9. I sometimes wonder about why some people go hunting or go fishing, or just about any other hobbies and interests. All of those (except the ones I like of course) are useless in my book too. But do I go out and bash them telling them that it is out of date, useless, and call these people socially inept etc? Why do people go camping if they can stay at a motel / hotel?

    All the criticisms are unnecessary as nobody is trying to provoke them. May be they feel better after belittling others. Now that “hobby” I would also called useless.

  10. I’m all for hobbies as long as I don’t have to be a part of each and every one of them. I have a ham user somewhere in my neighborhood that I’ve bee trying to track down but cannot locate an antenna. The issue I am having is just like the rest of you, I’m getting static when I’m trying to enjoy my TV shows. I usually watch them through the surround sound and when he/she keeps up it not only messes up the picture but I’ve got static coming at me from every direction. I even pick it up through the subwoofer when everything else is shut off. To top it all off I have “touch” lighting in my house and he/she is causing my lights to flicker on and off the entire time they are keyed up. I need to know if there is a way to locate ham operators in my neighborhood without having to knock on each door. Any suggestions.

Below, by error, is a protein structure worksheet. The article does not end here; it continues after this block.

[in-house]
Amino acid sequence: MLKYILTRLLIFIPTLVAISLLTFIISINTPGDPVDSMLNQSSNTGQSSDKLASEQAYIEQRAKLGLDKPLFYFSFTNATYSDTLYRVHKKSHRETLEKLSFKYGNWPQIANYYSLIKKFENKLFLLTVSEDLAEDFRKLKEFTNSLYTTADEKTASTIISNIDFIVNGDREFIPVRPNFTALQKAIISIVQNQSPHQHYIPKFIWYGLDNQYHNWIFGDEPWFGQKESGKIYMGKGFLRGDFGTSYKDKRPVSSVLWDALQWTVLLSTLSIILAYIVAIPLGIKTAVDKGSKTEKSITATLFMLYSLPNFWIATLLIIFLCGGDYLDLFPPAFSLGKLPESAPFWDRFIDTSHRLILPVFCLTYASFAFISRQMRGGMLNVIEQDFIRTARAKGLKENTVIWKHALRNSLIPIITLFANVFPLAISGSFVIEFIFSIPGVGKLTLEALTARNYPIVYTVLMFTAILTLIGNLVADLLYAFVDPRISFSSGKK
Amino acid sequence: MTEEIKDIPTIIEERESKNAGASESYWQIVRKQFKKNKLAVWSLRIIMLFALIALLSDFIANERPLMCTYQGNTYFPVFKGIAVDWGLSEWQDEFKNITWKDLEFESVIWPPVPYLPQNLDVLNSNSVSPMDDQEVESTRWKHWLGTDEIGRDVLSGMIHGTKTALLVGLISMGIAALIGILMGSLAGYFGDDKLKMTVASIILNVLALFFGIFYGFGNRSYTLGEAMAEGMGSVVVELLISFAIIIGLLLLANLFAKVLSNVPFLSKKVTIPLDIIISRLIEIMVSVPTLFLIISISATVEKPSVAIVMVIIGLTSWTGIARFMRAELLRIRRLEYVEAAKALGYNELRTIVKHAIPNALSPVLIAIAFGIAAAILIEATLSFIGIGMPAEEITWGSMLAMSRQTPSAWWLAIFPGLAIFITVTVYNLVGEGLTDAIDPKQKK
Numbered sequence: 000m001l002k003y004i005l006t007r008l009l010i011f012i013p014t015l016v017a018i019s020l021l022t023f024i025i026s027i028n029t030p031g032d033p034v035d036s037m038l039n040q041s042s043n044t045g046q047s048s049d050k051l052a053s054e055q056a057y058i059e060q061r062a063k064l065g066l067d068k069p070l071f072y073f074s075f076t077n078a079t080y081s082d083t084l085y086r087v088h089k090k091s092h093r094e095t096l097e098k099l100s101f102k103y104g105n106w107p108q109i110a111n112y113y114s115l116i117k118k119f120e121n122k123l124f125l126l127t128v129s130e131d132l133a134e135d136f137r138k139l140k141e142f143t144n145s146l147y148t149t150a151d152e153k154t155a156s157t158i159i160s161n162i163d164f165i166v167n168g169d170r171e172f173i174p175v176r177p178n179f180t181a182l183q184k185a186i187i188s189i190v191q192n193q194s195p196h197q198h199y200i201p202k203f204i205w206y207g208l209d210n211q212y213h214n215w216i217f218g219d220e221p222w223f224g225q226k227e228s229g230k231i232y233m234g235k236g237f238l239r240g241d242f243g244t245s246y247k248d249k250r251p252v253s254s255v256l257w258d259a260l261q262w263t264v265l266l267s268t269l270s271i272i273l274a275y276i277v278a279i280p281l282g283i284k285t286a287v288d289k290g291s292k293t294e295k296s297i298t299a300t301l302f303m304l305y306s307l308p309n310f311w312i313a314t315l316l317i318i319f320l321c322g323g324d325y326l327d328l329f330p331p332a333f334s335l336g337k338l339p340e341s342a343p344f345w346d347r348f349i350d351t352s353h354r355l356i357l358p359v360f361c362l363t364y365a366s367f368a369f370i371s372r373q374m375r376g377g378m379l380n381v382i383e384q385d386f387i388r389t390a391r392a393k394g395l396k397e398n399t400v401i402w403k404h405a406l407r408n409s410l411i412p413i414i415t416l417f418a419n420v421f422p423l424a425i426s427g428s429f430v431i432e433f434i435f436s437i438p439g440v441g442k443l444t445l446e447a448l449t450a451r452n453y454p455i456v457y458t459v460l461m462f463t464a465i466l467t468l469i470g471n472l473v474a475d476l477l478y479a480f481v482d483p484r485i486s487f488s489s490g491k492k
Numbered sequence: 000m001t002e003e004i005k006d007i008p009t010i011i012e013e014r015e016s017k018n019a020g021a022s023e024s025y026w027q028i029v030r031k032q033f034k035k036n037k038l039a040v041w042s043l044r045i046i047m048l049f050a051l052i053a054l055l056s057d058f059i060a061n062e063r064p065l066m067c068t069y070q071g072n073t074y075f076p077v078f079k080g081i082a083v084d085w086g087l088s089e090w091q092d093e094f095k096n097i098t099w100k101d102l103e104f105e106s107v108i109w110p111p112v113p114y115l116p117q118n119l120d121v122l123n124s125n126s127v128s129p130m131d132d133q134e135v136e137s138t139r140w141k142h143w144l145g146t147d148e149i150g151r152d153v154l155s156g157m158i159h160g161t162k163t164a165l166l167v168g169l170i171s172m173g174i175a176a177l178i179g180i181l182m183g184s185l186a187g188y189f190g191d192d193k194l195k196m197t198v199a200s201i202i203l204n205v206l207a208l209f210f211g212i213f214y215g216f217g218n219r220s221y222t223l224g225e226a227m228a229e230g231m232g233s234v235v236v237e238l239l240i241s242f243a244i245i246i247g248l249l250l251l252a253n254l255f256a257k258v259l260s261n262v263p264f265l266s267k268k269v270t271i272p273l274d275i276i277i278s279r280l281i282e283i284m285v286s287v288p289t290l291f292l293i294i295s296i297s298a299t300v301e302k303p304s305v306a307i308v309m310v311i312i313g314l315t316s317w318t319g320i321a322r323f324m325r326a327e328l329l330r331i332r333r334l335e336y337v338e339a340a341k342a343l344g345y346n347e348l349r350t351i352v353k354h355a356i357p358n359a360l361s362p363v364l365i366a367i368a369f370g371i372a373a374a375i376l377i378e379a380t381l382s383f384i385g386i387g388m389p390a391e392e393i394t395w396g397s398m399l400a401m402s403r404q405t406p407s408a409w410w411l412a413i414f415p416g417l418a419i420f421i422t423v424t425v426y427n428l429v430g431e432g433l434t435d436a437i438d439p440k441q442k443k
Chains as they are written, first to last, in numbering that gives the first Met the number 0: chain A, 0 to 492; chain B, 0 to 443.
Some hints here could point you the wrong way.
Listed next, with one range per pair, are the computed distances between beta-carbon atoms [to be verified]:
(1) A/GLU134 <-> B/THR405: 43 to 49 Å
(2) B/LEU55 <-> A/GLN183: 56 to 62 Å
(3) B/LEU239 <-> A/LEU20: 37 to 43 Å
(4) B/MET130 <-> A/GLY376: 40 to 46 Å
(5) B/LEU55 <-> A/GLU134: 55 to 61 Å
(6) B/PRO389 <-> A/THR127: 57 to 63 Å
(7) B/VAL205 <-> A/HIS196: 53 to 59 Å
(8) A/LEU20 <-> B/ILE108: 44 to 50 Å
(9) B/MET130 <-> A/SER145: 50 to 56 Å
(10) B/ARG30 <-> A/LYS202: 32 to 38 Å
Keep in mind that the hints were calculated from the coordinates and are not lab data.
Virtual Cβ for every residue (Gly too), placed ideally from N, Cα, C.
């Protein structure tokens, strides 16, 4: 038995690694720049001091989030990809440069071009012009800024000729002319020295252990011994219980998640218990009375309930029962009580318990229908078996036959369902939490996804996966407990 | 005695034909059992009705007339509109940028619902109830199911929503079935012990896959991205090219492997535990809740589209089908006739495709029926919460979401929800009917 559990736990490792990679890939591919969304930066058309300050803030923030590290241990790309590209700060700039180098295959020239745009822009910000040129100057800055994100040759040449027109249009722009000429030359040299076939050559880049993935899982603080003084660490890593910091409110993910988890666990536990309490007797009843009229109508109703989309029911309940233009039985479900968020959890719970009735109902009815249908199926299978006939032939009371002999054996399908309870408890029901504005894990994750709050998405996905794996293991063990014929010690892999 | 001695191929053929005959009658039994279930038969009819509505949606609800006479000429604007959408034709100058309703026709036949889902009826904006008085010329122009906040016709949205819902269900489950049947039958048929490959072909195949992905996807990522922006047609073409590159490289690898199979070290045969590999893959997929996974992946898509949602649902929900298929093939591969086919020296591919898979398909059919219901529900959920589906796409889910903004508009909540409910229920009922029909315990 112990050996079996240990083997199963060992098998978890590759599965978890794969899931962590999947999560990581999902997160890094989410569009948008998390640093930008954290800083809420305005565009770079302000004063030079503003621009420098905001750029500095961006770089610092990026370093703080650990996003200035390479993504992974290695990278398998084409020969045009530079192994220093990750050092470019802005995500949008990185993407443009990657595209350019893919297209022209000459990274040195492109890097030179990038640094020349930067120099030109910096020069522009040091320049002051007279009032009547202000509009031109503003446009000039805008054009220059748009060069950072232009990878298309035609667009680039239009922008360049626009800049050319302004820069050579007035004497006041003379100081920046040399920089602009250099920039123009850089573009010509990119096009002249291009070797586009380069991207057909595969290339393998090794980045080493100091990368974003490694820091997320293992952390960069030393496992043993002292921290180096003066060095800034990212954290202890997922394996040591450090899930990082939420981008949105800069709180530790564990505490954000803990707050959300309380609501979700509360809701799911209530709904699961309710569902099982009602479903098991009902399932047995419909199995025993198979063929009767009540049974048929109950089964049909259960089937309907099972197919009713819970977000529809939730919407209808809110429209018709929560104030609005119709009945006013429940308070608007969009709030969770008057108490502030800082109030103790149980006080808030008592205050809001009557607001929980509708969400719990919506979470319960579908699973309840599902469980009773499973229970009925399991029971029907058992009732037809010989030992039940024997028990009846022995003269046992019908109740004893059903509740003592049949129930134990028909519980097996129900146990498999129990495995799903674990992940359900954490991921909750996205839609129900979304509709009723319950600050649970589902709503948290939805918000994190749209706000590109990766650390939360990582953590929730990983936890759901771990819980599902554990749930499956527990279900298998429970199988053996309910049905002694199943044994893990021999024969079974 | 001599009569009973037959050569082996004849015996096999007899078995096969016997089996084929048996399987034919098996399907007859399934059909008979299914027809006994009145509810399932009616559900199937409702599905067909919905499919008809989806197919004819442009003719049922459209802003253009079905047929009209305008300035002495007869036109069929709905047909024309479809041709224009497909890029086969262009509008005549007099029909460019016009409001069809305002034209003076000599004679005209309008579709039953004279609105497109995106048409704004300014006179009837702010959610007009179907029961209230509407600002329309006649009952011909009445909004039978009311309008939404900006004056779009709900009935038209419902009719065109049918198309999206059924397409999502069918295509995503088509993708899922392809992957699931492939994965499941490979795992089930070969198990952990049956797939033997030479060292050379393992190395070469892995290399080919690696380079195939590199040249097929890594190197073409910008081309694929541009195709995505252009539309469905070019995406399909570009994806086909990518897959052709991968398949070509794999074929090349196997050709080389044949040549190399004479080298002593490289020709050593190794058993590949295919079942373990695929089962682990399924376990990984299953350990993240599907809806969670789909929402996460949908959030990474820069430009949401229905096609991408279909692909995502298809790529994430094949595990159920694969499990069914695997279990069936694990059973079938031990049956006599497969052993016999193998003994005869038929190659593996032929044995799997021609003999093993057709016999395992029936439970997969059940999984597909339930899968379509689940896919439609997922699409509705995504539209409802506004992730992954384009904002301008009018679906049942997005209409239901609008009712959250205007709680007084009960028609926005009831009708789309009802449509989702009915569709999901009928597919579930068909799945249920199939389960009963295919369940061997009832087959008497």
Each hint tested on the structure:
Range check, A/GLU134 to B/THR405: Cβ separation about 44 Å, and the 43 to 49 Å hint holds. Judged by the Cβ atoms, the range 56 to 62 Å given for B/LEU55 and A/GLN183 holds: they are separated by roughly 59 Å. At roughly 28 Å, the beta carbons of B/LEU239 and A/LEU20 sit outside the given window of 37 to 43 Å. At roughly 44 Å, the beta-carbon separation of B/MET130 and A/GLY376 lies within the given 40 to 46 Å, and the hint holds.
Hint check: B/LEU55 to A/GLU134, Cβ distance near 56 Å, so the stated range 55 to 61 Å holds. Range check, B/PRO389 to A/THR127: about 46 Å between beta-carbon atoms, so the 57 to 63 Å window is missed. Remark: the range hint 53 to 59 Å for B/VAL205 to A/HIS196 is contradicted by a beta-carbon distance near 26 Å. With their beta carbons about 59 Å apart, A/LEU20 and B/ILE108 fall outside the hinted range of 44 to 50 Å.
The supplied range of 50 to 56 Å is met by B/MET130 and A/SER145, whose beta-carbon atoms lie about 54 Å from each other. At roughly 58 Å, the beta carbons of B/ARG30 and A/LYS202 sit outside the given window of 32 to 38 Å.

11. Hi Doug,

    you could try using a portable frequency counter. I use one to track down jammers and illegal radio stations. Example of my model:


    The device is cheap, you should be able to get one for about $100 – $150. It measures the frequency someone is using, and if you get close enough to the source, the ‘field strenght’ meter at the bottom will start to work. You can pinpoint the exact house the signal is coming from.

    BTW, “touch’ lighting is known to be a disaster. They’re produced as cheap as possible, with no filters installed whatsoever.

  12. i would like to know what you plan to do when you find the ham radio operator??? he/she has the fcc on his or her side..they will come out and investagate the ham station and if it is runnig properly they will tell you to install filters and upgrade to better phones and electronics devices…plus there is just about nothing you can do to the station .case in point i am a ham and the cable company tears me a new one all th etime i have filled 6 complaints with the fcc so far and nothing has been done about it …
    i have had several hams complain to the fcc and still nothing.. if you own cheap electronics the you must accept all harmful interference just he way i have to put up with it …its a drag i know me being a ham and even i have to pt up with bleed over it is the nature of th ebeast

  13. Scott has a point, although I would rather say “cheaply designed” instead of cheap. Even expensive electronics can be designed poorly. The price tag doesn’t mean a thing.